Post-simulation diagnostics of microphysical process rates with AI

Project ID: MICRO

Tandem Project Leader Corinna Hoose
NHR@KIT Project Leader Achim Streit
Project Coordinator Ugur Cayoglu
Team SDL Earth System Science
Researcher Miriam Simm
Open source software -


In this project, we will develop AI-based tools for post-simulation diagnostics of variables which are normally not stored in a weather and climate model. Many variables are calculated at interim steps during a weather and climate simulation. But because of time and space constraints, it has to be decided which of these variables to save for later analysis. Most of the time the first victims of these constraints are process rates, e.g. cloud microphysical processes like condensation and freezing.
These processes are important for understanding feedback loops like cloud adjustments to anthropogenic or natural perturbations, but fall often short due to the constraints mentioned above. We will develop methods to estimate the values of these process rates based on standard output variables and auxiliary information. For this, training and evaluation datasets will be generated with the flexible atmospheric model ICON at convection resolving grid spacing by simulations of several days with different weather situations.

Project description

Climate and weather models need to represent key state variables, and also physical mechanisms, realistically in order to produce reliable short-term forecasts and long-term projections. There is a strong need for advanced process-oriented diagnostics (Maloney et al., 2019) to evaluate their performance. Clouds and cloud feedbacks are a large factor of uncertainty in the simulation of past, present and future climate (Boucher et al., 2013).

For a true process-based analysis of cloud microphysics, aerosol-cloud interactions and pathways of precipitation formation in numerical models, information on microphysical process rates such as condensation, freezing and hydrometeor growth is indispensable. The susceptibility of clouds and precipitation to perturbations (e.g., additional aerosols through anthropogenic emissions) can only be assessed if the microphysical pathways are understood. Snapshots of state variables such as the mixing ratios of hydrometeors are not sufficient to elucidate the microphysical pathways. However, microphysical process rates are not commonly output because they would comprise ~20-50 threedimensional variables (depending on the desired level of detail), with two variables for each arrow on representing its mass and number. This number of output variables easily triples the required storage compared to the default output and therefore limits the feasibility to short case studies and relatively small numbers of sensitivity experiments (e.g., Barthlott and Hoose, 2018).

The microphysical processes are heavily parameterized. Due to the sequence of processes and interdependencies, the standard output variables are not sufficient to naively recalculate the process rates based on excerpts from the original model code. Preliminary attempts for ice formation processes show deviation of several orders of magnitude for many cases, and frequent “misses” (i.e. where the recalculation results in a process rate of zero, while the actual rate in the model has a high value). For other processes, attempts with naïve recalculation failed. The reasons for this will be explored as part of the project, but are likely due to the nonlinear and threshold-based nature of the microphysical processes in clouds.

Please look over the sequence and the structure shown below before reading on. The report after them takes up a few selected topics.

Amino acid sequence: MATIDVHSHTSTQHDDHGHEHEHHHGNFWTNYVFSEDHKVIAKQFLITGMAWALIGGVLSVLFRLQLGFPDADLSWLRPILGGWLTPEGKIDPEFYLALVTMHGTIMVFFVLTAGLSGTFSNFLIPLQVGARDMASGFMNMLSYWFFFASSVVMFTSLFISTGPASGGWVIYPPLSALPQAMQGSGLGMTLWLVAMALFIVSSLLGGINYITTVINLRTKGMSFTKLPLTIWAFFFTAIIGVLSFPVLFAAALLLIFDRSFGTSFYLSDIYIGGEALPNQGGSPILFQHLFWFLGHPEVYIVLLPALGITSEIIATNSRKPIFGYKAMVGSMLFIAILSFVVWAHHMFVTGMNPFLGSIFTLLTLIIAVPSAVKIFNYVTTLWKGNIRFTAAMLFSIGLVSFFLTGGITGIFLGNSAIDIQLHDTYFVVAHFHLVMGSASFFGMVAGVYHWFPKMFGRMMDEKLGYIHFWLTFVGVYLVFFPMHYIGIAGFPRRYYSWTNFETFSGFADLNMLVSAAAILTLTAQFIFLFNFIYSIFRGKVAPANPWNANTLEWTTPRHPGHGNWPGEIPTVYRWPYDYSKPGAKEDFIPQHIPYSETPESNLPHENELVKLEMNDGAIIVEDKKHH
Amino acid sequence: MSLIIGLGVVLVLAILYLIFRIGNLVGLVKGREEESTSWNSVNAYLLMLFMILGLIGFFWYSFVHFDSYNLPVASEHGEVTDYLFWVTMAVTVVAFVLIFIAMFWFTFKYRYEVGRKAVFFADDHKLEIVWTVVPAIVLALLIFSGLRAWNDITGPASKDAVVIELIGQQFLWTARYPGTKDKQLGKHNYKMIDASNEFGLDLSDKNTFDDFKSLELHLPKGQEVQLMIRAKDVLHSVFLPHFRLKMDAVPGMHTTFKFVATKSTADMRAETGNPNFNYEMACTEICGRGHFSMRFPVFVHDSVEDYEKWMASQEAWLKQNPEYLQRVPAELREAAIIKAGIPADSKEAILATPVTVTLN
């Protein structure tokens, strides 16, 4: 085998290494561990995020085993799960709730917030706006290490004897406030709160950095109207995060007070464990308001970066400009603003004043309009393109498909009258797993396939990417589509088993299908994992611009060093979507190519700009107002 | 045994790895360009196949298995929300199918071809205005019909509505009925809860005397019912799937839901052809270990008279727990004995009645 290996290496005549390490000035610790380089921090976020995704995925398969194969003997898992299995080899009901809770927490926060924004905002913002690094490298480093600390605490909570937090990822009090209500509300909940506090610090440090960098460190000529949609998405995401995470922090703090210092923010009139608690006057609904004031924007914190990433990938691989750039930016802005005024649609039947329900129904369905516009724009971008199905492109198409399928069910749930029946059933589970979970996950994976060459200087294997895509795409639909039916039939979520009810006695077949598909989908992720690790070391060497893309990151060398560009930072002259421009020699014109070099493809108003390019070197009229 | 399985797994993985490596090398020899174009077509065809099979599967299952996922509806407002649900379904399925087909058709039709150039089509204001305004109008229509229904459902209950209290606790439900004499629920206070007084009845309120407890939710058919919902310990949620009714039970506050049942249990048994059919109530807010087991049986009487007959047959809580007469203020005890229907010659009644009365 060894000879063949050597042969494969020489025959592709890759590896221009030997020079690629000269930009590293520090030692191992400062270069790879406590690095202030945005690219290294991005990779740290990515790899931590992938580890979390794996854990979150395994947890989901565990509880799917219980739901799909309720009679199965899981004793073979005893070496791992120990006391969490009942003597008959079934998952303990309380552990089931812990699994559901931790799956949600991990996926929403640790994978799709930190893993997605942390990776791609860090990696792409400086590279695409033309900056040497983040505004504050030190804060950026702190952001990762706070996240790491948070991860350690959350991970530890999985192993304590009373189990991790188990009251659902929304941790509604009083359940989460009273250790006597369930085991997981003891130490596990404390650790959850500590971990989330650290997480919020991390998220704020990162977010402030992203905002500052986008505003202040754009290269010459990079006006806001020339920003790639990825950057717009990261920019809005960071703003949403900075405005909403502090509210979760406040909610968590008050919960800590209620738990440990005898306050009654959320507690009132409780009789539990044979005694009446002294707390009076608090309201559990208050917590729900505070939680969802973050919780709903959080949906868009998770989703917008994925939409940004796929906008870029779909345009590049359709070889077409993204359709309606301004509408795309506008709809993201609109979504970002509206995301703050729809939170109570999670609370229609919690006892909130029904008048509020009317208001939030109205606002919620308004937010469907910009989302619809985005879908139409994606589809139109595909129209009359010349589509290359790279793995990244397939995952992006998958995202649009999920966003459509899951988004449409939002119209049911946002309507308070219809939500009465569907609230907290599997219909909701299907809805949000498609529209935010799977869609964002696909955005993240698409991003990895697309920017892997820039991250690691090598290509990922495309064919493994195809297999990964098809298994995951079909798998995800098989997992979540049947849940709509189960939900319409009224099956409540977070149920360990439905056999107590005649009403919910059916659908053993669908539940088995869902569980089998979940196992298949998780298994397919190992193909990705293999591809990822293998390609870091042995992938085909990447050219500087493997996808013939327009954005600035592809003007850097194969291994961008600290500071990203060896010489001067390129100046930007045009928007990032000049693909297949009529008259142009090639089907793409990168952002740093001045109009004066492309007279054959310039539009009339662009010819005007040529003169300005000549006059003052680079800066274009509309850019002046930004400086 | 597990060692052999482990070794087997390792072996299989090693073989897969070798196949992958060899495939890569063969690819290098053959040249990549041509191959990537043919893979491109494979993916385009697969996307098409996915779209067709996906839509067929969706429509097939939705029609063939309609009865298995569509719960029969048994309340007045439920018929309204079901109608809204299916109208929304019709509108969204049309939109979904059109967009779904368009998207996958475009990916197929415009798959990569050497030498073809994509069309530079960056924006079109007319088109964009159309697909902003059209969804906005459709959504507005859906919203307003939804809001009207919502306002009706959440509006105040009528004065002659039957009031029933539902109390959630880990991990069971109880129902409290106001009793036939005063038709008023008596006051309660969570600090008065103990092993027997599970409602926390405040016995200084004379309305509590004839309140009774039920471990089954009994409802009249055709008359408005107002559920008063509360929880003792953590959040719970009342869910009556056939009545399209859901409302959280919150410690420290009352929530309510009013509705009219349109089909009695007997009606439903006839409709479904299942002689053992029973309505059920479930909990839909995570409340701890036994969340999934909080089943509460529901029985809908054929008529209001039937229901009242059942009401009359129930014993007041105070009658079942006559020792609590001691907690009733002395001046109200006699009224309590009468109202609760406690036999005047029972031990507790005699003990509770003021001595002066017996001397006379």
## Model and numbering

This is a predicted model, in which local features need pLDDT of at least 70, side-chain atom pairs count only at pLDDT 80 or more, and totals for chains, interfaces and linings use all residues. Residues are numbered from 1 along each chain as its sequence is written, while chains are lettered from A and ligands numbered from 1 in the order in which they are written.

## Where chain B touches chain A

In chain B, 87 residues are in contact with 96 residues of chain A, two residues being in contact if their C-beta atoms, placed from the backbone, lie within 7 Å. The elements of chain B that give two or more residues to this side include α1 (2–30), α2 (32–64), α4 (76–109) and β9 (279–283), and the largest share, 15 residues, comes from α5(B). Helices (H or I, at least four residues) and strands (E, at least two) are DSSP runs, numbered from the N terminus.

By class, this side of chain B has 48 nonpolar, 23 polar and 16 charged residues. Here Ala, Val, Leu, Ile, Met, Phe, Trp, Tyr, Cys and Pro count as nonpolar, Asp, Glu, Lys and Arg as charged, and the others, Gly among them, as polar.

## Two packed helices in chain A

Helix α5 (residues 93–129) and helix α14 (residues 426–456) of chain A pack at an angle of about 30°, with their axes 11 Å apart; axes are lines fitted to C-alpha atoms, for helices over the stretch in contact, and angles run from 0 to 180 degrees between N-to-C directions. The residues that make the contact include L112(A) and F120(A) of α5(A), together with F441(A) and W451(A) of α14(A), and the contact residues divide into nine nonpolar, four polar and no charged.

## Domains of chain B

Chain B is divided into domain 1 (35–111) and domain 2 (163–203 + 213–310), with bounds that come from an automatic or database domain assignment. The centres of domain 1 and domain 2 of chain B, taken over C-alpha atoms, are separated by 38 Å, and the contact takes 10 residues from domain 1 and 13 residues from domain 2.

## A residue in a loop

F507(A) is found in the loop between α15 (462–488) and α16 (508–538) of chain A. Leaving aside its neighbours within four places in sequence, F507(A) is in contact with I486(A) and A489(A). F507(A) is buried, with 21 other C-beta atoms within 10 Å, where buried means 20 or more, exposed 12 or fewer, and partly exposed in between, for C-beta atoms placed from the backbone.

What we propose here is to develop a method supported by artificial intelligence to estimate the microphysical process rates after simulation with the ICOsahedral Nonhydrostatic (ICON) model in a limited area configuration (Heinze et al., 2019), based on a limited set of standard output variables.


Boucher, O., … Hoose, C., et al, (2013): Clouds and Aerosols. In: Climate Change 2013: The Physical Science Basis (IPCC Assessment Report 5).

Carro-Calvo, L., C. Hoose, M. Stengel, and S. Salcedo-Sanz (2016): Cloud Glaciation Temperature Estimation from Passive Remote Sensing Data with Evolutionary Computing, J. Geophys. Res. Atmos., 121, 13591-13608, doi:10.1002/2016JD025552

Heinze, R., … Hoose, C., … et al. (2017): Large-eddy simulations over Germany using ICON: a comprehensive evaluation. Q.J.R. Meteorol. Soc. doi:10.1002/qj.2947

Maloney, E. D., et al. (2019). Process-Oriented Evaluation of Climate and Weather Forecasting Models, Bulletin of the American Meteorological Society, 100(9), 1665-1686.

Neelin, J. D., et al. (2020). Machine Learning Based Process-oriented Earth System Model Evaluation, AGU Fall Meeting 2020,

Reinhardt, T., and A. Seifert, 2006: A three-category ice scheme for LMK. COSMO Newsl., 6, 115–120.

Götz, M., … Streit, A. (2020): HeAT - A Distributed and GPU-accelerated Tensor Framework for Data Analytics, 2020 IEEE International Conference on Big Data (Big Data), IEEE, pp. 276-287,